Develop an innovative approach to planning grounded in theory and lively academic debate, and focused on the knowledge, skills and competencies required for employment in the area.
You base your studies on real life issues and case studies. This allows you to develop the range of skills and competencies to enter into a planning career. The course also allows you to develop your own interests and specialist areas of study. The course provides you with key knowledge and skills for a planning or planning-related career.
It covers topics and issues such as
The course also enables you to develop key skills for your future career. These are gained through the modules and the assessment approach and include
The course has been running for over 25 years attracting students from a range of backgrounds including
Choose one option module from
Coursework and professional practice focused assignments.
You can find opportunities in both private consultancy and public sector planning in planning and related careers including strategic planning and policy development • development implementation and management • environmental protection •infrastructure planning, housing development • regeneration • economic development • heritage and the historic environment • health • transport and accessibility planning.
Planners are also employed across a range of public and private sector bodies in wider roles, for example in wider policy development and in campaign bodies and pressure groups.
As an internationally recognised qualification the course also opens up wider career opportunities in the global job market.
Urban planning is fascinating and tackles the challenges of change and development in an urbanising world, and this course is designed to help you shape your future career in professional practice.
The MSc International Planning and Development aims to provide a broad education in international planning and development, enabling you to acquire the knowledge and critical understanding to make a significant contribution to the management of human settlements and urban systems. The course is suitable for those who want to work in the planning profession and especially those who want to gain an international perspective on planning and development issues.
The course tackles the challenges of urbanisation in the 21st century. Since 2008, more than half the world's population has lived in cities. Cities are crucibles of culture, knowledge and innovation, but also harbour poverty and exclusion; globalisation, environmental pollution, and climate change all threaten the well-being of urban residents.
This course spans the disciplines of spatial planning and development studies, enabling you to acquire the knowledge and critical understanding to make a significant contribution to the design and management of cities.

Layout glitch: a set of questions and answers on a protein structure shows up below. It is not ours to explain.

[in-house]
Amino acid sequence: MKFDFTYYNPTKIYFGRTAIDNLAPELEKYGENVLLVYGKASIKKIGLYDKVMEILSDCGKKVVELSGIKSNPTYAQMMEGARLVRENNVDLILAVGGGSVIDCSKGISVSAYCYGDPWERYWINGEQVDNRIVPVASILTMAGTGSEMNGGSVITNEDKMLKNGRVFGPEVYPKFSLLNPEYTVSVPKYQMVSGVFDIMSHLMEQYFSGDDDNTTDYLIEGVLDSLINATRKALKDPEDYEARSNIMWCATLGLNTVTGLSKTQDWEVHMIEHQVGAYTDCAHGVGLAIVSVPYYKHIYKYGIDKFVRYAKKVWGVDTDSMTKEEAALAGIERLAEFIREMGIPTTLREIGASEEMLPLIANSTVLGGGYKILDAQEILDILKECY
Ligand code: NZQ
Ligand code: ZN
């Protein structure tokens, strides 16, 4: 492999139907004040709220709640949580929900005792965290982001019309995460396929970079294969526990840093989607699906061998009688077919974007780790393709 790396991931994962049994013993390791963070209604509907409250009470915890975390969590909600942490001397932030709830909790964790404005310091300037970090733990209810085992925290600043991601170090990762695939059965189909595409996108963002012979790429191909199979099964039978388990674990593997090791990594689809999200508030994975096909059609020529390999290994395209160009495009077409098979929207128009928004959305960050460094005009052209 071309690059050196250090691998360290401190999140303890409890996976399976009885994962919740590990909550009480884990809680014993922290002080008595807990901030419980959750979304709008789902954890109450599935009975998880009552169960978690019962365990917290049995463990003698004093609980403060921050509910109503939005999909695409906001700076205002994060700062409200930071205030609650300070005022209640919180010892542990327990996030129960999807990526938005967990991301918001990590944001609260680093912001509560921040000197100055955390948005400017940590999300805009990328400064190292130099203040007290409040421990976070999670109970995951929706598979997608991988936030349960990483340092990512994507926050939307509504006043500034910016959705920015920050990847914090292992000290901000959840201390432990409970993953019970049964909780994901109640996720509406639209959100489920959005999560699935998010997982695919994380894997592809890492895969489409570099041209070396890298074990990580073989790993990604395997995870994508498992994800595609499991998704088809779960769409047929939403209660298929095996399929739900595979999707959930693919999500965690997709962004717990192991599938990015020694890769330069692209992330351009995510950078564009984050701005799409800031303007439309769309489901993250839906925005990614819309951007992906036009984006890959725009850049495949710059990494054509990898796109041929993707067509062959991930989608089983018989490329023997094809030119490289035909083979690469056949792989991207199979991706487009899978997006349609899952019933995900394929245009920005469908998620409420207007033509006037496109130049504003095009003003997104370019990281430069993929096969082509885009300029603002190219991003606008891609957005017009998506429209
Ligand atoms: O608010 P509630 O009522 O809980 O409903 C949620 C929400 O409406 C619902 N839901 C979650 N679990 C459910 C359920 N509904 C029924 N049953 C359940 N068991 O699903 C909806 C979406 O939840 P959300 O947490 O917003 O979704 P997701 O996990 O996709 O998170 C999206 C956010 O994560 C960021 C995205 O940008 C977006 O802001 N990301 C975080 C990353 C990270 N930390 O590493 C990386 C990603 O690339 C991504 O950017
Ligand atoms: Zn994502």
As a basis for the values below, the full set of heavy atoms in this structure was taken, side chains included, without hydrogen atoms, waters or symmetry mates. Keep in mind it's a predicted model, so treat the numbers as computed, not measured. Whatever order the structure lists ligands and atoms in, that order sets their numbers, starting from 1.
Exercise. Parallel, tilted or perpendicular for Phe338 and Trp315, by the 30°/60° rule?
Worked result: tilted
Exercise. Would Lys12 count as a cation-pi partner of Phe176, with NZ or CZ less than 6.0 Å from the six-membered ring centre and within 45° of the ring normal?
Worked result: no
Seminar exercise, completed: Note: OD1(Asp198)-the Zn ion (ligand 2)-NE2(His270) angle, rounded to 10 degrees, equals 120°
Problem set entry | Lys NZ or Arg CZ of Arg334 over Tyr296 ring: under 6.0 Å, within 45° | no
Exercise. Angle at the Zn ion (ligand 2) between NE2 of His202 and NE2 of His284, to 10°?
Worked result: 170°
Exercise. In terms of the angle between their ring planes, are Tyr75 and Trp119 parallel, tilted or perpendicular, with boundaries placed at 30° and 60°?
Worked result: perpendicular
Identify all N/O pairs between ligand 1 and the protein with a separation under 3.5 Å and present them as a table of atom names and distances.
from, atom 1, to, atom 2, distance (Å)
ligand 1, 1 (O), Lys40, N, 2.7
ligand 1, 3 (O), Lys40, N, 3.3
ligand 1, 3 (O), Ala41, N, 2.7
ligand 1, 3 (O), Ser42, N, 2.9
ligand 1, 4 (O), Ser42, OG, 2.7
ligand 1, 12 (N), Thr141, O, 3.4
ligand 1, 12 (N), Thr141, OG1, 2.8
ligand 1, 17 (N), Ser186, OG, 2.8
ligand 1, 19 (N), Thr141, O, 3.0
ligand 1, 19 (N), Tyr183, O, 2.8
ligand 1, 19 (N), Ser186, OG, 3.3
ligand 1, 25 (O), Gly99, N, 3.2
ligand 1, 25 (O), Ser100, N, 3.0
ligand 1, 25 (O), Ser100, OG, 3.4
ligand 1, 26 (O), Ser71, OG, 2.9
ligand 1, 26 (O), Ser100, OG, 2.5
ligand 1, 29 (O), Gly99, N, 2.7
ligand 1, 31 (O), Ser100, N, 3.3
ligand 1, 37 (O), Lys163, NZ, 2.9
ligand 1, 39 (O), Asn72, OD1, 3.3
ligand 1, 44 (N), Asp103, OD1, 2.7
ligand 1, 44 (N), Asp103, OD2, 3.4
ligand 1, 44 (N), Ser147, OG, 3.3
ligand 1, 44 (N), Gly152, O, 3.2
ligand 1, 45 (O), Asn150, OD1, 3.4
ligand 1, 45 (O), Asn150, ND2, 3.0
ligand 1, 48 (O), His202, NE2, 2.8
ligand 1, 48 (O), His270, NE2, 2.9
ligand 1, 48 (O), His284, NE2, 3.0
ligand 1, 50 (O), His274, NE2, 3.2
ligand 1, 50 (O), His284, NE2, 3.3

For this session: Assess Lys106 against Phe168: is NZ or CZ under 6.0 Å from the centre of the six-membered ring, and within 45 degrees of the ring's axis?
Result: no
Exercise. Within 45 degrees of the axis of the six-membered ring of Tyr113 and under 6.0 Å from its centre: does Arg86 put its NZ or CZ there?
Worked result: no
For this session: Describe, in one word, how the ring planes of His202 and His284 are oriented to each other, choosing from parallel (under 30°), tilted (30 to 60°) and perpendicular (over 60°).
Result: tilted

Core teaching focuses on issues of development and underdevelopment, city futures in a globalising world, and creation of space and place within different political, cultural, economic and environmental contexts. Options enable you to follow specialisms in urban design, real estate and housing – or a general route with options in planning, environment, transport, real estate, site planning, regeneration and housing. The dissertation is an opportunity for you to develop your specialist interests.
Core teaching focuses on issues of development and underdevelopment, city futures in a globalising world, and creation of space and place within different political, cultural, economic and environmental contexts.
Optional modules will enable you to follow specialisms in urban design, real estate and housing – or a general route with options in planning, environment, transport, real estate, site planning, regeneration and housing.
The dissertation provides an opportunity for you to develop your specialist interests.
This course offers the knowledge and expertise for a career in academia, government and the private sector, in a wide variety of organisations including international agencies, central or local government, consultancy and NGOs.
Uniting emergency response, disaster risk reduction and space technology this programme is designed to prepare students to work in the fields of satellite technology and disaster response to explore the management of risk and disaster losses from a range of perspectives, focusing on emerging risks posed to modern technology by space weather and the monitoring of hazards on Earth from outer space.